The Fall Of Camelot: A Consequence Of Its Imperfect King

2188 words - 9 pages

In Western culture, mere mention of the name “Camelot” is often enough to inspire images of courtly romance, grandeur, and valiant knights. In fact, the kingdom is nearly as legendary as the hero who ruled it, Arthur Pendragon. Regardless of whether he exists as a historical or mythical figure, Arthur continues to appear as a symbol of heroism in Western tradition through his roles as king and warrior. When modern culture searches for the qualities of a great fighter, it finds them in Arthur’s strength and his bravery. When it looks for the makings of a true leader, it need not look further than Arthur’s accomplishments: his founding of the Round Table Knights, his victory over the Saxons, and finally his unification of Britain. In short, the Arthur as described in Sir Tomas Malory’s tale of King Arthur and His Knights is depicted as nothing less than a romanticized and idealized hero. However, if Arthur and his knights had ushered in an era of peace that fostered a flawless society, Malory’s work raises the serious question, “Why then does Camelot spiral into ruin?” History reminds us that no kingdom – no matter how great – lasts forever because no kingdom is perfect. King Arthur, his court of noble knights, and Camelot are no exception. Unraveling Malory’s story from the time of Arthur’s coronation to his eventual death reveals that Camelot’s greatest strength may also have been its greatest flaw, the authoritative leadership of King Arthur.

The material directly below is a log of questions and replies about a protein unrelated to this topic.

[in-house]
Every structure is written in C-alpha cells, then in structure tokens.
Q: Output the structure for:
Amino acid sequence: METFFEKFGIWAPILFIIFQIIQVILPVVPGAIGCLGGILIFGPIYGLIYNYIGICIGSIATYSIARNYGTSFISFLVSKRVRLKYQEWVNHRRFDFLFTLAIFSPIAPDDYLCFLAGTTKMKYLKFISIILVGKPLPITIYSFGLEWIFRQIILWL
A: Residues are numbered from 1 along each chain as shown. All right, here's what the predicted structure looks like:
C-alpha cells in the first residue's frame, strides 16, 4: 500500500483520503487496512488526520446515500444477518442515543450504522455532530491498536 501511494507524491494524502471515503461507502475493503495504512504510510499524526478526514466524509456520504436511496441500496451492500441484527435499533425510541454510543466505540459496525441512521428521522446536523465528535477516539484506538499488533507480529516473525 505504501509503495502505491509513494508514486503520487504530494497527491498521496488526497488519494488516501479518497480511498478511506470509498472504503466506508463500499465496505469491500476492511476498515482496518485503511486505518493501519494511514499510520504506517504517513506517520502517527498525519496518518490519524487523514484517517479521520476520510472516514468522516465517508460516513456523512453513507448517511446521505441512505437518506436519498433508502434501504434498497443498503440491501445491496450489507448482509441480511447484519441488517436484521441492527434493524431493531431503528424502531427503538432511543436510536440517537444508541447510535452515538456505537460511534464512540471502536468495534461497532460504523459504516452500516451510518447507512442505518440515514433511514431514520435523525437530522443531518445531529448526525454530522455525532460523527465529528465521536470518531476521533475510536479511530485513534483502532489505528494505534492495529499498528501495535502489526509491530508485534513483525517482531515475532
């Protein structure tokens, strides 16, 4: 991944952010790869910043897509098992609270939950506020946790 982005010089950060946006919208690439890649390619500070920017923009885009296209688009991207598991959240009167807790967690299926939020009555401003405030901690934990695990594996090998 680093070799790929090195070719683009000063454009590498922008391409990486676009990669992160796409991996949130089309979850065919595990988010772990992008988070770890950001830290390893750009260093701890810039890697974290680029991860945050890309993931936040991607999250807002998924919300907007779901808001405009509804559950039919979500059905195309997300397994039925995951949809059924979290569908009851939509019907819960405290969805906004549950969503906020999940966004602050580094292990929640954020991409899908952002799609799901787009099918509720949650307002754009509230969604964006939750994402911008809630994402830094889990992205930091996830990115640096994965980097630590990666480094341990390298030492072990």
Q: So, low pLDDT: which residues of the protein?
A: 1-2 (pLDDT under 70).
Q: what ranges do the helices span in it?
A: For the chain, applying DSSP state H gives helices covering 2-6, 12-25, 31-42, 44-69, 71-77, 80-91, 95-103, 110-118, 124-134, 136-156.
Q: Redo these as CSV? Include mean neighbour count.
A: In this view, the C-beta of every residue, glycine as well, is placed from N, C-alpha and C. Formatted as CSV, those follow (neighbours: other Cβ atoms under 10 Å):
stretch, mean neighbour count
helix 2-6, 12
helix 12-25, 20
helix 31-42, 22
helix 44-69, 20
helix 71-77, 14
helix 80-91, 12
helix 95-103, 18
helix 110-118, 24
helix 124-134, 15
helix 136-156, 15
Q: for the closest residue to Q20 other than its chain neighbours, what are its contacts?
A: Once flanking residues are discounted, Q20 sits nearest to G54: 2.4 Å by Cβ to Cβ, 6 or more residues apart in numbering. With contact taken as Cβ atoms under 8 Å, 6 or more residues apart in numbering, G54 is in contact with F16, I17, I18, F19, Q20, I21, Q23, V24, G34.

To tarnish Arthur’s image of perfection demands a closer inspection at where his story begins. For those familiar with Malory’s Le Morte d’Arthur, it is common knowledge that Arthur was a child begotten by means of adultery when his father, Uther Pendragon, disguised himself with magic so as to bed the Lady Igraine. Though, conceived and raised through a series of events entirely out of his control, Arthur’s illegitimate birth is nevertheless an event that obscures his lineage. And during an age where noble blood is the most important factor in determining one’s right to the crown, the circumstances of Arthur’s birth leave Camelot without a king for some time. To fill this position, Camelot is forced to elect a new king through a trial that fails to prove an individual’s competence as a ruler. This point is also raised by Mark Allen in his article, “The Image of Arthur and the Idea of King,” when he states, “…Arthur’s kingship is defined by more than personal ability or common election; as Merlin’s prophecies suggest, he is sanctioned by a force or power superior to human affairs” (4). Of course, the test we are referring to is Arthur’s removal of the sword from the stone, a feat that should confirm his lineage: “Whoso pulleth out this sword of this stone and anvil is rightwise king born of all England” (Malory 9). What few people question in light of this miracle is whether or not Arthur deserves to be king. Has he proven his worth or as Mark Allen calls his “personal ability” by simply removing the...

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